CMJ 2012, Night Three Recap: Gabriel Bruce and Dignan Porch Do London Proud
Night three of CMJ 2012 played out like a story, 'Two Tales of One City,' as Diffuser.fm caught a pair of wildly different London acts -- Gabriel Bruce and Dignan Porch -- touring the States for the first time.
The Anglo-centric evening kicked off at the Bowery Ballroom, where Bruce, a doomy synth-pop lothario signed to Mercury Records, took the stage with a laptop accompanist and two dancing showgirls. "You've got to rid yourselves of evil," he sang on opener 'Dark Lights Shine Loud,' coming on like a skeevy Southern preacher. Bruce has the voice of dour crypt-keeper -- comparisons to Cash, Cave and Cohen are obvious yet apt -- and while he'd make a badass piano balladeer, he sets his sepulchral bellow to blown-out '80s pop tracks.
Bruce is a showman -- by the second song, he'd shed his blazer and unbuttoned his yuppie-style button-down halfway to his navel -- and yet for all his slick posturing, he clearly gets off on this music. On highlight 'Honey Honey Honey,' whose rush of canned drums and guitars might have come straight from the Jesus and Mary Chain's 'Automatic' album, he twitched and lurched like Elvis with epilepsy. Elsewhere, he borrowed more from Iggy Pop, Billy Idol and 'China Girl'-era David Bowie, playing the role of hyper-virile New Wave loverman with almost ridiculous fervor. Next time, he should add a third girl and second disco ball and go really give us yanks something to talk about.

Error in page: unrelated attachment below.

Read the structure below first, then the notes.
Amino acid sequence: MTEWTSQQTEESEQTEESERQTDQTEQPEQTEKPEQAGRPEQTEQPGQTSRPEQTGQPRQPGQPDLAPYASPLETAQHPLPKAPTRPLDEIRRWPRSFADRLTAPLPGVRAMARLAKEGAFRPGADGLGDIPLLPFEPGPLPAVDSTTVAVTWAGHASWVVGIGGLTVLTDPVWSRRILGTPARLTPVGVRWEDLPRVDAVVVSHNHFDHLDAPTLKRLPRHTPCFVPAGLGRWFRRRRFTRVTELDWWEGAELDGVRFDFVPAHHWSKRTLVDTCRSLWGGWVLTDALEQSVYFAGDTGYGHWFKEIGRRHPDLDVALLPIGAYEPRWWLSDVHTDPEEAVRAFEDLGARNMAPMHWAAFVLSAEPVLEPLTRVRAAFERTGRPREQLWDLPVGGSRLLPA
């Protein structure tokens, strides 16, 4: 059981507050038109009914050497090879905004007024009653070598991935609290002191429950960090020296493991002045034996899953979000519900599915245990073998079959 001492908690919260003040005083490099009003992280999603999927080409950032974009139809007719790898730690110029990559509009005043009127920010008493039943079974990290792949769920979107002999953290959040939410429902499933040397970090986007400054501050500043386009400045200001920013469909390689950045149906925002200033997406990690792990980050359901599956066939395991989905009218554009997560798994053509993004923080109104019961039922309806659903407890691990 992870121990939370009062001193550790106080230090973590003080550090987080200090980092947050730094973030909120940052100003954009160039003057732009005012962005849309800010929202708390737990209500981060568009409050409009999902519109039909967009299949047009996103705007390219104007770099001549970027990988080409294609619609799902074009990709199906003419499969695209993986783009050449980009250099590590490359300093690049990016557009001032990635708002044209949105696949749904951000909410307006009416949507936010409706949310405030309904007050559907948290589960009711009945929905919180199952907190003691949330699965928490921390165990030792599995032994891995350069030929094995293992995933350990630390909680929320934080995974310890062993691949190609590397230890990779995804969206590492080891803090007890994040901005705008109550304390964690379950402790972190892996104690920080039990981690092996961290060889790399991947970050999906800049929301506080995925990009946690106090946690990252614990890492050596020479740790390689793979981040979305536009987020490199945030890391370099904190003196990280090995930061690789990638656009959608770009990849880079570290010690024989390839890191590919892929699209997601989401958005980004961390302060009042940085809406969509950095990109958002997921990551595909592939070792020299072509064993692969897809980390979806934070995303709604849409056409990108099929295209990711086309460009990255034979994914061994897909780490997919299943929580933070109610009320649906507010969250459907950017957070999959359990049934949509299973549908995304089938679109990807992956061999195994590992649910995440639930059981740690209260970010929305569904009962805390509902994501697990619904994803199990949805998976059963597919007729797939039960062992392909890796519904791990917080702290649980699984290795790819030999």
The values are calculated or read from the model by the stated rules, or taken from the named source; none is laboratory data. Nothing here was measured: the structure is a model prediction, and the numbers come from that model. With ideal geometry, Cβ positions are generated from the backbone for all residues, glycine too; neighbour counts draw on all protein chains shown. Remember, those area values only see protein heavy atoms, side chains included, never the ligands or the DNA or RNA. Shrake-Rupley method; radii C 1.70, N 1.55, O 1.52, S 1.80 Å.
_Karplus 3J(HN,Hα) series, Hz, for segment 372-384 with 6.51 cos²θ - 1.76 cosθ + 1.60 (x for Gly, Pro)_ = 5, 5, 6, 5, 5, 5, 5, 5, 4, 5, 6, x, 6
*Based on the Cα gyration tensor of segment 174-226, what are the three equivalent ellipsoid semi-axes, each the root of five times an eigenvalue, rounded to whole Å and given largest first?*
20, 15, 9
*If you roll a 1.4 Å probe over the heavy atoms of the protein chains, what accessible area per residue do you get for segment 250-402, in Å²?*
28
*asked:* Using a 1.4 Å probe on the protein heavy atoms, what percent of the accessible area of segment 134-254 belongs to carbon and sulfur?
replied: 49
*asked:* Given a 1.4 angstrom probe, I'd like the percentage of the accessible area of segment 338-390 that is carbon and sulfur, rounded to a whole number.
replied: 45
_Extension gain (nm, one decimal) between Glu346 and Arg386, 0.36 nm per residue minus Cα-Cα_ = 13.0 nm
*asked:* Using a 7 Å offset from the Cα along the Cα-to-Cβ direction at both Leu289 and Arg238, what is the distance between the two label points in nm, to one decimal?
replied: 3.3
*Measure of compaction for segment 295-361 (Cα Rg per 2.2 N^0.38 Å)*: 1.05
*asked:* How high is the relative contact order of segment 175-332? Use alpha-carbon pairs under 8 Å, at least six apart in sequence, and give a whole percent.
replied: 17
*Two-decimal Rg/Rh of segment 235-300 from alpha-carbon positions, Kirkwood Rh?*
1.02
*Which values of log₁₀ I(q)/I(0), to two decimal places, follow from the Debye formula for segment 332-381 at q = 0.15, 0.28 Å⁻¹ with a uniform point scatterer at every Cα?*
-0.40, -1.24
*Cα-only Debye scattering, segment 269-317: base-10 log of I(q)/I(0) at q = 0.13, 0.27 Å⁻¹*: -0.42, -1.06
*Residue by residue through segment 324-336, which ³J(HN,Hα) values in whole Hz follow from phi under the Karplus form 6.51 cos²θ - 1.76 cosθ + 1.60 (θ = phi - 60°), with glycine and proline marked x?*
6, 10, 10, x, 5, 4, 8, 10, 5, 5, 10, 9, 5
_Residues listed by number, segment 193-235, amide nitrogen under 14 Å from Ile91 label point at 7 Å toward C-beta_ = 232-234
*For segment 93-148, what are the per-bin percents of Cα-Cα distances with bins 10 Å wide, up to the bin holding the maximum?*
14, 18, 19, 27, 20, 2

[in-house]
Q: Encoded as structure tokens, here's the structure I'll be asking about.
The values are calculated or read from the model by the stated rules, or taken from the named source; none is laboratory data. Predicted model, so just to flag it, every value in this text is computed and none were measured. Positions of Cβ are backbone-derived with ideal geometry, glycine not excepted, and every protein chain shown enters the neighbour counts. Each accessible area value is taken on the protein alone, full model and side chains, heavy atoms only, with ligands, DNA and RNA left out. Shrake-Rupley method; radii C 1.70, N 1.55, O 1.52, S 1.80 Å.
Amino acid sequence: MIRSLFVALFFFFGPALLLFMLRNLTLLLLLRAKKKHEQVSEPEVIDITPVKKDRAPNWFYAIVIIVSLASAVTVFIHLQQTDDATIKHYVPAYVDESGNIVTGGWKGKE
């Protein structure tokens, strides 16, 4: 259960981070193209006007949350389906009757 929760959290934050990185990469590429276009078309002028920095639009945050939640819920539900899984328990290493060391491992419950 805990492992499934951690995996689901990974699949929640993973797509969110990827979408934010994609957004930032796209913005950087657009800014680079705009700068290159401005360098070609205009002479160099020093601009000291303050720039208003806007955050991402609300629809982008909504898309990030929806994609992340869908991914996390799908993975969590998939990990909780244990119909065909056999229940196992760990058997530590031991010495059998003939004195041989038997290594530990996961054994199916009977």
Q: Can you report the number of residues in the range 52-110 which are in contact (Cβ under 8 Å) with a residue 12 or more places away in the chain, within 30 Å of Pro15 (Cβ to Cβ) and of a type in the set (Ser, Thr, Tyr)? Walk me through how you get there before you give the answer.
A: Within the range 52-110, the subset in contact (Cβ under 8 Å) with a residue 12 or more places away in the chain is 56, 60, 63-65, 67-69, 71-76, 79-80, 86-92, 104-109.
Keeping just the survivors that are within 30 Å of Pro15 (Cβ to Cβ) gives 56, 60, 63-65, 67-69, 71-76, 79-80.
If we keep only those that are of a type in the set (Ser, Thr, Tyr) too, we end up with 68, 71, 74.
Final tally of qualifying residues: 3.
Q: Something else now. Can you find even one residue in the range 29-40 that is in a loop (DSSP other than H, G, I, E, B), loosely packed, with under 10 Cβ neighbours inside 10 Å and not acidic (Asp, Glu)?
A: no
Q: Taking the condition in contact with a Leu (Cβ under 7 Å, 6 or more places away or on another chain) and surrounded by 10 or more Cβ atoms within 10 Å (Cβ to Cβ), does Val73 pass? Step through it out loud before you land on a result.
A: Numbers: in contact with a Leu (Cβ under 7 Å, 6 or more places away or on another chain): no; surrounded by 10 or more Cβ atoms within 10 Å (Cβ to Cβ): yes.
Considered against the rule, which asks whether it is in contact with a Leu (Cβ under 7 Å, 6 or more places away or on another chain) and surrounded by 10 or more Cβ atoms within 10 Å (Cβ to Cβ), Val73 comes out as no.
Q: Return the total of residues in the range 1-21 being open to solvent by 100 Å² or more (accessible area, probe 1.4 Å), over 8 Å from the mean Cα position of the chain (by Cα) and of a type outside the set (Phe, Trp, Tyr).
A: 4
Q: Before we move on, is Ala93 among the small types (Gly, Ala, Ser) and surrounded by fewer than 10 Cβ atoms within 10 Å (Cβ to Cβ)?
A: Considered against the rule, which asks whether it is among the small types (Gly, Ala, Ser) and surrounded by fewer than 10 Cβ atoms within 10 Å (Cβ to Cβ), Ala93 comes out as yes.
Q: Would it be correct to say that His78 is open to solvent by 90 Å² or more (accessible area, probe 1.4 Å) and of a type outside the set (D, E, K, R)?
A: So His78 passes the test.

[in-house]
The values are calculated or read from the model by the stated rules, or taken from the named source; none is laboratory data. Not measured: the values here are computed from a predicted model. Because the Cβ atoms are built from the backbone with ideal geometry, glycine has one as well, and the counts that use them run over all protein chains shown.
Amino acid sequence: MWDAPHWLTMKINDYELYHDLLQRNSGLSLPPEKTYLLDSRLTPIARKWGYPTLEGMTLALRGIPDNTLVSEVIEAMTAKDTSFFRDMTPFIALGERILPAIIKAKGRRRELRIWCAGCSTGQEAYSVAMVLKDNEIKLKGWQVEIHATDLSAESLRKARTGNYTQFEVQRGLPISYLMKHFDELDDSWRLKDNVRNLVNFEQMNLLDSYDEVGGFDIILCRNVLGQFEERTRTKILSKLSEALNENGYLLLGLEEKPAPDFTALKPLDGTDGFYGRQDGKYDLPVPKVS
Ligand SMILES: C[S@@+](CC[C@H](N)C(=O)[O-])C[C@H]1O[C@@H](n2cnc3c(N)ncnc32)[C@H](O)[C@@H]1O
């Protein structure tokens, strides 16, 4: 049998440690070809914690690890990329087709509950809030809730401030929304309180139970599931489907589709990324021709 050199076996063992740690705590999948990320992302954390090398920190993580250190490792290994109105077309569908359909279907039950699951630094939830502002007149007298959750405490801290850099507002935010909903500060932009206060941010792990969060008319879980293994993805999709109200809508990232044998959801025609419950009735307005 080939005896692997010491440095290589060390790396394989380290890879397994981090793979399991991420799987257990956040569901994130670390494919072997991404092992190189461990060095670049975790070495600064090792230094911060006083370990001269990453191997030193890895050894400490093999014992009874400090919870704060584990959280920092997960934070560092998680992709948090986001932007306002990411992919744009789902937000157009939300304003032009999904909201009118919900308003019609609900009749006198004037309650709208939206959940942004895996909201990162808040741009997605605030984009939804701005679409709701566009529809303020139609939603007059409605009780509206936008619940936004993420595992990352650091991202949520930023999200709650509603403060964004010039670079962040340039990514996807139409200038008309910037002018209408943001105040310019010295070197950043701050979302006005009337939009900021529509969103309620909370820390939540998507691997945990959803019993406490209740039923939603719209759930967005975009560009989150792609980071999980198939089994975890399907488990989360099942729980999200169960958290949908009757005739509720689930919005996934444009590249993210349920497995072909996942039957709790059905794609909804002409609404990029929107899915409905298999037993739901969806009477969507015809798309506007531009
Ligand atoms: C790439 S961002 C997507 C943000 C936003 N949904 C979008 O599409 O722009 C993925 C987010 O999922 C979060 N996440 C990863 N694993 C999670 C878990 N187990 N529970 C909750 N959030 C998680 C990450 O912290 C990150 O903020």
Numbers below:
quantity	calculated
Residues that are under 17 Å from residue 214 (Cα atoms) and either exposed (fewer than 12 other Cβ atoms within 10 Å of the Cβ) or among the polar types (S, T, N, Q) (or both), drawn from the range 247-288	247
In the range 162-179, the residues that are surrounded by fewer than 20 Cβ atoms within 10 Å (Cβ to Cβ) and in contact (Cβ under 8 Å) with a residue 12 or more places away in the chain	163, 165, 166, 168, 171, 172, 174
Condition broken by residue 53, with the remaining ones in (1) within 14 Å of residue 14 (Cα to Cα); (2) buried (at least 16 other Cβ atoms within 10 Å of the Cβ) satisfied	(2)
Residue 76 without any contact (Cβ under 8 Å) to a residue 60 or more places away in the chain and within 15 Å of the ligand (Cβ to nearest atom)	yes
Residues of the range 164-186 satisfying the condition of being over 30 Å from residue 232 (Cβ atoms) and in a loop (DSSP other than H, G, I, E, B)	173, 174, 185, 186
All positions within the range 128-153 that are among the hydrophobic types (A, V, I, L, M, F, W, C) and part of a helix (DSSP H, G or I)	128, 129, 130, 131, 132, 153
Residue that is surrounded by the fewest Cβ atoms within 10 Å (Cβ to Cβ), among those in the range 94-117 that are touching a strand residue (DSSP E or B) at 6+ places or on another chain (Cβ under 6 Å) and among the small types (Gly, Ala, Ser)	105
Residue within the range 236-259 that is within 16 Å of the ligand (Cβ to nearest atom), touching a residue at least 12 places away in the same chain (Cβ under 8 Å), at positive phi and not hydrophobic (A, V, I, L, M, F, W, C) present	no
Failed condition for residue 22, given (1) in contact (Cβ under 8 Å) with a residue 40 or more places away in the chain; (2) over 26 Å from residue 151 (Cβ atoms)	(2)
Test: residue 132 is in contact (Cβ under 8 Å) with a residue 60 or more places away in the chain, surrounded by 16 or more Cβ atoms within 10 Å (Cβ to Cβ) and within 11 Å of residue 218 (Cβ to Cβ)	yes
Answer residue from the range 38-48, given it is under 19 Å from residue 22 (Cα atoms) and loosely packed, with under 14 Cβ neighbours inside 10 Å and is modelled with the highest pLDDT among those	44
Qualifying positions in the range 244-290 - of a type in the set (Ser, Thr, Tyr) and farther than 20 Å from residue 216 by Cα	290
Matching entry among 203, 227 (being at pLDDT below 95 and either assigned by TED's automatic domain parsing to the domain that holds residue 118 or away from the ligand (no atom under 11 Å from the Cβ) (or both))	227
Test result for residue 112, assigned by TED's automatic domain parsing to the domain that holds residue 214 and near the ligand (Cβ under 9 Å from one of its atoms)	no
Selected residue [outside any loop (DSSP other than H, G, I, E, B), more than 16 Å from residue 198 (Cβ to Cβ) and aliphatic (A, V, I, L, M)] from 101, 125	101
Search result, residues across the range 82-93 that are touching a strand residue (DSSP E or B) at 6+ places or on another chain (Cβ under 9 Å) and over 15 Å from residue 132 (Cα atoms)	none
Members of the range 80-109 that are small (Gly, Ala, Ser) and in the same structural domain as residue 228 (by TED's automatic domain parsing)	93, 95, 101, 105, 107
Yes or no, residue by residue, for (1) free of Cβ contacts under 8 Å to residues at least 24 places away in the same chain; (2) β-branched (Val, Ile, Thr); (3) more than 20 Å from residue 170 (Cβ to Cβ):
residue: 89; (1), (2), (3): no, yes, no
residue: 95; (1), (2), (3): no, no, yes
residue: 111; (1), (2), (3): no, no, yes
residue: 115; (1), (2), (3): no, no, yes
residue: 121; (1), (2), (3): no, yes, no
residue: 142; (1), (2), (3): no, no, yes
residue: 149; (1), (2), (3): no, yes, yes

Ostensibly from the same city, schlubby Londoners Dignan Porch might as well live in another galaxy. Performing later on Thursday night at the Music Hall of Williamsburg, the indie fivesome kept the banter to a minimum and let the music speak for itself. Luckily, they've got the songs to justify such a non-strategy. Working from a foundation of jangling '60s pop, Dignan Porch frontman and mastermind Joe Walsh stacks New Order guitar lines and hints of Nirvana fuzz, creating songs that are intricate but never fussy.
"Blue Ribbons," Walsh said at one point, hoisting a cup of the hipster-approved swill Pabst Blue Ribbon. "That's pretty good. I haven't had it before."
He and Bruce should toast to their victories on the flight back to Blighty, plastic cup to champagne flute.